“Justice Vaino Spencer’s commitment to justice was reflected in her opinions, and in her support for court staff and employees. She exuded elegance, but could forcefully mix it up and argue her cause in a spirited debate. That we did not always agree did not affect our close and warm friendship. I miss her, but will not forget her. She made a difference.”
Another former colleague on the Second District Court of Appeal, Norman Epstein, the presiding justice of Div. Four, said:
“Justice Spencer had a keen sense of justice, and was one of those who made a difference, especially with respect to successful encouragement of qualified women to join the legal profession and to seek the appointment to the bench.”
Retired Court of Appeal Justice Elizabeth Baron remarked:
“Vaino was beautiful, elegant, gracious and kind. She was in the vanguard of women in the law and worked tirelessly to help women lawyers all across America achieve their potential as judges and partners in law firms.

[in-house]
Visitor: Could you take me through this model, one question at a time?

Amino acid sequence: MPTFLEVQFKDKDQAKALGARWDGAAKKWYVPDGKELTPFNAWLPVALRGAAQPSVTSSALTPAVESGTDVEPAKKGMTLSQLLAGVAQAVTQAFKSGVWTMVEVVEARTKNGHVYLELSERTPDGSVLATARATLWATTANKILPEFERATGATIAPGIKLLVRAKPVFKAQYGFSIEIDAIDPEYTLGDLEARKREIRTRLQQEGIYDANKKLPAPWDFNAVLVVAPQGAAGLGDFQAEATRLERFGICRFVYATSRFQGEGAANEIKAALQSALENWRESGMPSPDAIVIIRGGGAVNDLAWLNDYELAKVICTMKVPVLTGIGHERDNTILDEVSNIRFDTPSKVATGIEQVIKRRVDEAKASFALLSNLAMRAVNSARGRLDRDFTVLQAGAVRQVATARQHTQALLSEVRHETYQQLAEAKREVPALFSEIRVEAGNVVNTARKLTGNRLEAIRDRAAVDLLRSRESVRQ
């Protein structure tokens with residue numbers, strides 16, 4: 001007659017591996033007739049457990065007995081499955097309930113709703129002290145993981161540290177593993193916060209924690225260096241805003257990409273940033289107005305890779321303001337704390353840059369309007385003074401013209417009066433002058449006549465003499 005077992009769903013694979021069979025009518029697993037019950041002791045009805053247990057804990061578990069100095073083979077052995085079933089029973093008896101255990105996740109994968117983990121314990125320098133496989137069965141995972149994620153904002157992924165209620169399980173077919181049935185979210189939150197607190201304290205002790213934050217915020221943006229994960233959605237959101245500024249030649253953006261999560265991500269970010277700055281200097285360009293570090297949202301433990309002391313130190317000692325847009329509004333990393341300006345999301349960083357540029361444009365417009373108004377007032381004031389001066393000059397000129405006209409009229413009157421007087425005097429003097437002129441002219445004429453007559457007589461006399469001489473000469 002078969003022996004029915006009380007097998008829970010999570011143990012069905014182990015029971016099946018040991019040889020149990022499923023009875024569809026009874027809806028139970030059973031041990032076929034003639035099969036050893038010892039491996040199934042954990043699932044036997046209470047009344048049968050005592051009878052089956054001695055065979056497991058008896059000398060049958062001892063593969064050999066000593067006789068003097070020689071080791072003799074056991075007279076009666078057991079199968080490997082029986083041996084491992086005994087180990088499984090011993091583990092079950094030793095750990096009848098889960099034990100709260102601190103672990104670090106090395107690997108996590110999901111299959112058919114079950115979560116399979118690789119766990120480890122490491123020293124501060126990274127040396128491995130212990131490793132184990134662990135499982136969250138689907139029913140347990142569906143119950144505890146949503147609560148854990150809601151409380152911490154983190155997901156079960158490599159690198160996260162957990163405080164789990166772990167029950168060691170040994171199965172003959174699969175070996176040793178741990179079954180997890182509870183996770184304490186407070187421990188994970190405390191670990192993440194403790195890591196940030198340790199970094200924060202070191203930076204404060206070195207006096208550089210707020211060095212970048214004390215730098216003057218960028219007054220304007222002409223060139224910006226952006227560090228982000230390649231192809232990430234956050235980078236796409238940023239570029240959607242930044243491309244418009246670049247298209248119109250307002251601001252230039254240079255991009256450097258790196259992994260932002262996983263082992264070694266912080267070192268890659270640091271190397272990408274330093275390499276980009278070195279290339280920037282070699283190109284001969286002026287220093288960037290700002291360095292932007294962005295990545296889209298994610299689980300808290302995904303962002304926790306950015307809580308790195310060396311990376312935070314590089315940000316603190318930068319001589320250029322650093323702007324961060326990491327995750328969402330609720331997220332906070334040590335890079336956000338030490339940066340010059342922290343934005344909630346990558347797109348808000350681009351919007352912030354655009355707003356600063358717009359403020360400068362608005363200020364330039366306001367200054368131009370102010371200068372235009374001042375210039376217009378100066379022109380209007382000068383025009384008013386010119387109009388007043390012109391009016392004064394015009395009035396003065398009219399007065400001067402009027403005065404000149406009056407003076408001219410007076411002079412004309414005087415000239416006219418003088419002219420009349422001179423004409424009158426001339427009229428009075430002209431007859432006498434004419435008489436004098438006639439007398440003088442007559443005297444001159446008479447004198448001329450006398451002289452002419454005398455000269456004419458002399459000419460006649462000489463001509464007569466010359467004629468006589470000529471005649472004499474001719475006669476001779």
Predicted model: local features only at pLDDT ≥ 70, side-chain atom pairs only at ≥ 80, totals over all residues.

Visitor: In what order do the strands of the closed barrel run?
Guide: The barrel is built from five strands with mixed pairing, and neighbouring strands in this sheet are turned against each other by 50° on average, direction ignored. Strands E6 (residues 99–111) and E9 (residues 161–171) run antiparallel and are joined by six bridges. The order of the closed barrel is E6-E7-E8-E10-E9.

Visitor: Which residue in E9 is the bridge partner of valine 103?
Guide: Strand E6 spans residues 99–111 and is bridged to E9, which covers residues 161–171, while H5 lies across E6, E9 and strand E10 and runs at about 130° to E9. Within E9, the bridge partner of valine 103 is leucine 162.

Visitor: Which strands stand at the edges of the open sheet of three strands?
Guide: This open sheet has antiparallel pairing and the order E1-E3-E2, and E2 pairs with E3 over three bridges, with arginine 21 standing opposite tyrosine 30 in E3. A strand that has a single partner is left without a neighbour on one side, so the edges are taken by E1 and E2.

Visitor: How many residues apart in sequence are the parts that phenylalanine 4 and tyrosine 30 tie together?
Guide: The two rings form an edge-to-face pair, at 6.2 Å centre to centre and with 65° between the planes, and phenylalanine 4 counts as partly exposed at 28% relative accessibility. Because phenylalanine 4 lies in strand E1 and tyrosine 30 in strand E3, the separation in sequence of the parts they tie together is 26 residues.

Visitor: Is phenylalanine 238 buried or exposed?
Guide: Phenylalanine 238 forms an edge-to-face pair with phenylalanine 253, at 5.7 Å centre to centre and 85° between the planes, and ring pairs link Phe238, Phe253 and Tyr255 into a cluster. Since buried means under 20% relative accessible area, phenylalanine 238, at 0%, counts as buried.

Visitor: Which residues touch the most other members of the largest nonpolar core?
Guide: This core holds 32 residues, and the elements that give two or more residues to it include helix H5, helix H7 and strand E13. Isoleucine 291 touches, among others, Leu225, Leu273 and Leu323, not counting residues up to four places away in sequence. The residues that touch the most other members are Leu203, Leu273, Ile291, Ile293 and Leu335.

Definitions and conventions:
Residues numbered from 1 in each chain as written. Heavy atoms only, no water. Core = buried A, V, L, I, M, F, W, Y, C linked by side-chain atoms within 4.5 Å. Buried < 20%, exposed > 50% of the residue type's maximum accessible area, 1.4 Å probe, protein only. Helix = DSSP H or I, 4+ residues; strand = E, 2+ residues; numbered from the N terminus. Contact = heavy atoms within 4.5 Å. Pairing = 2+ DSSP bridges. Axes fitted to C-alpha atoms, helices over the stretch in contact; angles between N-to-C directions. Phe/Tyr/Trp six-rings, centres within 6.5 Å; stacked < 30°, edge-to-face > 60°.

“Vaino was one of a kind and will be sorely missed by all of us who are grateful for the life she lived.”
Bar Leaders’ Comments
“Justice Spencer was an inspiration to generations of women and minorities,” Los Angeles County Bar Association President Margaret P. Stevens observed, adding:
“She graduated from law school at a time when women—to say nothing of minorities—became secretaries, not attorneys. Her repeated elevations, finally to a presiding justice of the Court of Appeal, attest to her continued trailblazing role in our profession.”
Former Los Angeles County Bar Association President Patricia Phillips, of Phillips Jessner LLP, reflected:
“Vaino Spencer was a formidable jurist whose words and deeds cemented her role as one of our most respected justices. Not many judges can match Justice Spencer’s natural ability to even look the part of a judge the way she did. Yet her stately appearance belied her kind and friendly personality. And while achieving perfection in her judicial career she always remained a sympathetic listener and friend.”